How to… self-tape
1. Planning makes perfect
Try to use a good-quality camera. I use a digital single-lens reflex camera when self-taping actors, but smartphones and tablets are just as good. The most important thing is the quality of the picture and sound. Check the product reviews. Choose a quiet location. Cameras pick up background noise. Make sure the background you film against is clear so the focus is on you and the viewer doesn’t get distracted by the pictures on your wall. During the day I try to use natural light by opening all the blinds. If it’s not bright enough I use soft boxes – a great substitute for daylight. If you don’t have the budget for lighting, placing a lamp nearby can work reasonably well.
2. Get in the frame for success
Once you have your camera, location and lighting sorted, framing is key. The bottom of the frame should be at the centre of your chest and the top of the frame at the top of your head. When adjusting the frame, make sure the camera stays in focus. Your eye line should be just off camera. I still get people asking if it’s okay to look straight into the camera. My advice: not unless you are specifically asked to film this way. Your reader should be sat next to the camera, in line with your eye line. Test this on a playback before filming the scene. Always film the scene right to the end as one take. It looks far more professional and saves time editing.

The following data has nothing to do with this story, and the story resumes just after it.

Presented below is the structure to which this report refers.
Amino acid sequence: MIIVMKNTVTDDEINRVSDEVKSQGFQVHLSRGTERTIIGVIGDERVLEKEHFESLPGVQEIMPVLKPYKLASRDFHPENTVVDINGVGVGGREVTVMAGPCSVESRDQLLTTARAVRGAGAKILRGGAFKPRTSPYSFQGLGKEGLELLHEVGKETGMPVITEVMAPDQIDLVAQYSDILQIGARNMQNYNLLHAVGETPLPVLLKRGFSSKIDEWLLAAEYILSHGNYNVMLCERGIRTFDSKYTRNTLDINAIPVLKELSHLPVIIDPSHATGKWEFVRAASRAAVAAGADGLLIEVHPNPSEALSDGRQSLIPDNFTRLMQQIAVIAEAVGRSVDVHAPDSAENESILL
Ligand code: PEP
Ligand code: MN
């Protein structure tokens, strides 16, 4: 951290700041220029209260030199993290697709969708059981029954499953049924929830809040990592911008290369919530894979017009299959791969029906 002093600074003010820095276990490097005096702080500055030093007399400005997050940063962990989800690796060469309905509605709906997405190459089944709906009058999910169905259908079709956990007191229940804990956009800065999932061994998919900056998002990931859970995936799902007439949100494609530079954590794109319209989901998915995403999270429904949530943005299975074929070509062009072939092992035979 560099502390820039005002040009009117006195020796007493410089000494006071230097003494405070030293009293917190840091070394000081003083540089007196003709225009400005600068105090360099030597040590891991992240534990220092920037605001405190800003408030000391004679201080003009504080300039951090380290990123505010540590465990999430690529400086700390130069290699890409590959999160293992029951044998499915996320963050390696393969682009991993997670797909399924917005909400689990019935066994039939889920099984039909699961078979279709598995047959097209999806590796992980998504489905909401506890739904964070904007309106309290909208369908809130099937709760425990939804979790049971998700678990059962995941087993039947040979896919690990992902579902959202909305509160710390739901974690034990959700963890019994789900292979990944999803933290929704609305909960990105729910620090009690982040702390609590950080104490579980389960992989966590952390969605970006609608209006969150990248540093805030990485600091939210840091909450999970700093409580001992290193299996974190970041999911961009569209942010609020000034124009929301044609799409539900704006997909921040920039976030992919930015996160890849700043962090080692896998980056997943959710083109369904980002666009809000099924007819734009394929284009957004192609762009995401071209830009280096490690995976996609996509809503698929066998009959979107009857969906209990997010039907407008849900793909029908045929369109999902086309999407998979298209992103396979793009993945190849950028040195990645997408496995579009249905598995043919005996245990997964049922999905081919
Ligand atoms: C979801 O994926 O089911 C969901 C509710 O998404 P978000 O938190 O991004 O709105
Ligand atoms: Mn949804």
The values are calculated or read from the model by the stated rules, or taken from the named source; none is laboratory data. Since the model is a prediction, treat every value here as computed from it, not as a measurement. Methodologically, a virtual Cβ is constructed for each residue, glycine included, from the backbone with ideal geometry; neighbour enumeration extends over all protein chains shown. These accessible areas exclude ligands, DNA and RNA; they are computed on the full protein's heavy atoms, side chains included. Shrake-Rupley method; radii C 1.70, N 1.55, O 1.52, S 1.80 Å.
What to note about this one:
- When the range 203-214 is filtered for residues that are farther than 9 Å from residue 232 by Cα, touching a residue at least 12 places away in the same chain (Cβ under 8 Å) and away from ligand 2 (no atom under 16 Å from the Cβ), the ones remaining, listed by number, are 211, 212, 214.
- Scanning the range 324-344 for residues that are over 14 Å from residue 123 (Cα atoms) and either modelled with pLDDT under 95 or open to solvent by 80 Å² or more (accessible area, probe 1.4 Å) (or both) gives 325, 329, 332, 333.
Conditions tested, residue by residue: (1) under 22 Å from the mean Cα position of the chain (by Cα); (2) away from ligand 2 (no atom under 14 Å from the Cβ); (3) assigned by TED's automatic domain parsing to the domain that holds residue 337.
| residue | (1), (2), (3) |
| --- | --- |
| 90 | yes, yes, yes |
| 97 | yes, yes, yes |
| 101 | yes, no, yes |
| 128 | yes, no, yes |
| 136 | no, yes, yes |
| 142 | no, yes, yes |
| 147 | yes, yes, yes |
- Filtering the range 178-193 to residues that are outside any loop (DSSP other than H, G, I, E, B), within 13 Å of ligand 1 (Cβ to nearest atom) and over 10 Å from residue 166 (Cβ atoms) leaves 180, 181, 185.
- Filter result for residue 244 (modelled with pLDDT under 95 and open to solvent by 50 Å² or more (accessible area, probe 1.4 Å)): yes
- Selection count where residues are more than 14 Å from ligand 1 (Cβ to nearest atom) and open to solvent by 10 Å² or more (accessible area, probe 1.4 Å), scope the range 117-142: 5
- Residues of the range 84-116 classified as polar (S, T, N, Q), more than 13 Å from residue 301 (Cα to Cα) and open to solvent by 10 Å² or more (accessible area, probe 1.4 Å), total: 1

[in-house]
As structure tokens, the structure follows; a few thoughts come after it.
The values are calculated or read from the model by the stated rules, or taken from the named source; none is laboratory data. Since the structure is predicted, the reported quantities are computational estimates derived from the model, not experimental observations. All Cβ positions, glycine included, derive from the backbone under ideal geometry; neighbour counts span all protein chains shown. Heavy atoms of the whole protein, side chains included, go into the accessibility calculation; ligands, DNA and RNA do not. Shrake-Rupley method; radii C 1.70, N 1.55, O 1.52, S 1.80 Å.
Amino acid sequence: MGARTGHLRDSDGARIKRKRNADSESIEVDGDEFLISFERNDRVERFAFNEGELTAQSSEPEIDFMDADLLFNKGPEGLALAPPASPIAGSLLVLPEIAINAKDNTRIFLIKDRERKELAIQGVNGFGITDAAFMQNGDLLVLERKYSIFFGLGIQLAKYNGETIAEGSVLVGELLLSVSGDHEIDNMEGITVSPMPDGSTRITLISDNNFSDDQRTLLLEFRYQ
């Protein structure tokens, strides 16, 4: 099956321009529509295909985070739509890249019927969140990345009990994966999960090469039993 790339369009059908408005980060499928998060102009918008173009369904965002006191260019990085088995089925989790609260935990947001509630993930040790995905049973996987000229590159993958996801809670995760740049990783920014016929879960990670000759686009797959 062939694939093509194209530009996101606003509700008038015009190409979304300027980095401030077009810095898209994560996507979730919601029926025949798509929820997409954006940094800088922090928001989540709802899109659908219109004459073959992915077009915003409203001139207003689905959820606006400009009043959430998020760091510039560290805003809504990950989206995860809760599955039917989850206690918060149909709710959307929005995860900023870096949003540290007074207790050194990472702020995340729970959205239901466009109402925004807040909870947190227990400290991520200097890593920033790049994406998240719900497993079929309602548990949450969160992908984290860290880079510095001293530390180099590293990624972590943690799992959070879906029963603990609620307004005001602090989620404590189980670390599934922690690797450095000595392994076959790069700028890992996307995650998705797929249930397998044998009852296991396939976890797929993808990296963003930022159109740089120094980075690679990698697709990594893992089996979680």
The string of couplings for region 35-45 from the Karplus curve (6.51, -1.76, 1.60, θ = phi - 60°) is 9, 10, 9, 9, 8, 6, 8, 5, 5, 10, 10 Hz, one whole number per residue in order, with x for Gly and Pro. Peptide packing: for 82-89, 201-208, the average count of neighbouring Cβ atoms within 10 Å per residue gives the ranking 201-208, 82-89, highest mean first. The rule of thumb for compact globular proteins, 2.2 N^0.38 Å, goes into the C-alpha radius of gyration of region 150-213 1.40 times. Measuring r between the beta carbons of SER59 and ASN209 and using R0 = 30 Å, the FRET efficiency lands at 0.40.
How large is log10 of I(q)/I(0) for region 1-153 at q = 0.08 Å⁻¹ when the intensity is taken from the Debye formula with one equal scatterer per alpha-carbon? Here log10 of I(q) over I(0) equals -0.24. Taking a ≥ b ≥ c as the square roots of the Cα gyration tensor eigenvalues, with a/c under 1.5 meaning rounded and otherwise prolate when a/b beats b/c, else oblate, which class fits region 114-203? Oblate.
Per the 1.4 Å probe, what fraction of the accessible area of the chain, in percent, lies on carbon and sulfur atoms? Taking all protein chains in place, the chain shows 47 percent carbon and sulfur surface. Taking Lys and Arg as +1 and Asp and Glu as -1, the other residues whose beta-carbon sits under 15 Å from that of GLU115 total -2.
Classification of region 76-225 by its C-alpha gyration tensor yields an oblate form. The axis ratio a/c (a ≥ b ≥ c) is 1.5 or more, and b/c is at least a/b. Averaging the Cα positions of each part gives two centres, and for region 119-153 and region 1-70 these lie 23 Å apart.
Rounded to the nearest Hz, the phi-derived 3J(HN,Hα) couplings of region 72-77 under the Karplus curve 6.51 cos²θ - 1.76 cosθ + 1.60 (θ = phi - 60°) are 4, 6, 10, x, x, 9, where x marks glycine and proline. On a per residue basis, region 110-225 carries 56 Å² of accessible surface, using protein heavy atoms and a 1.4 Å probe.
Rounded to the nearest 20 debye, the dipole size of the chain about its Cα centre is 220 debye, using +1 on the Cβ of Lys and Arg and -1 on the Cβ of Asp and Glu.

3. Slate your case
When editing, use a slate at the beginning with your name and the character you are reading for, including the title of the production, as well as a slate at the end with your agent’s details on. There are various ways to upload the self-tape but the three methods I highly recommend are WeTransfer, Vimeo and Dropbox.
Actor Nita Mistry was talking to John Byrne
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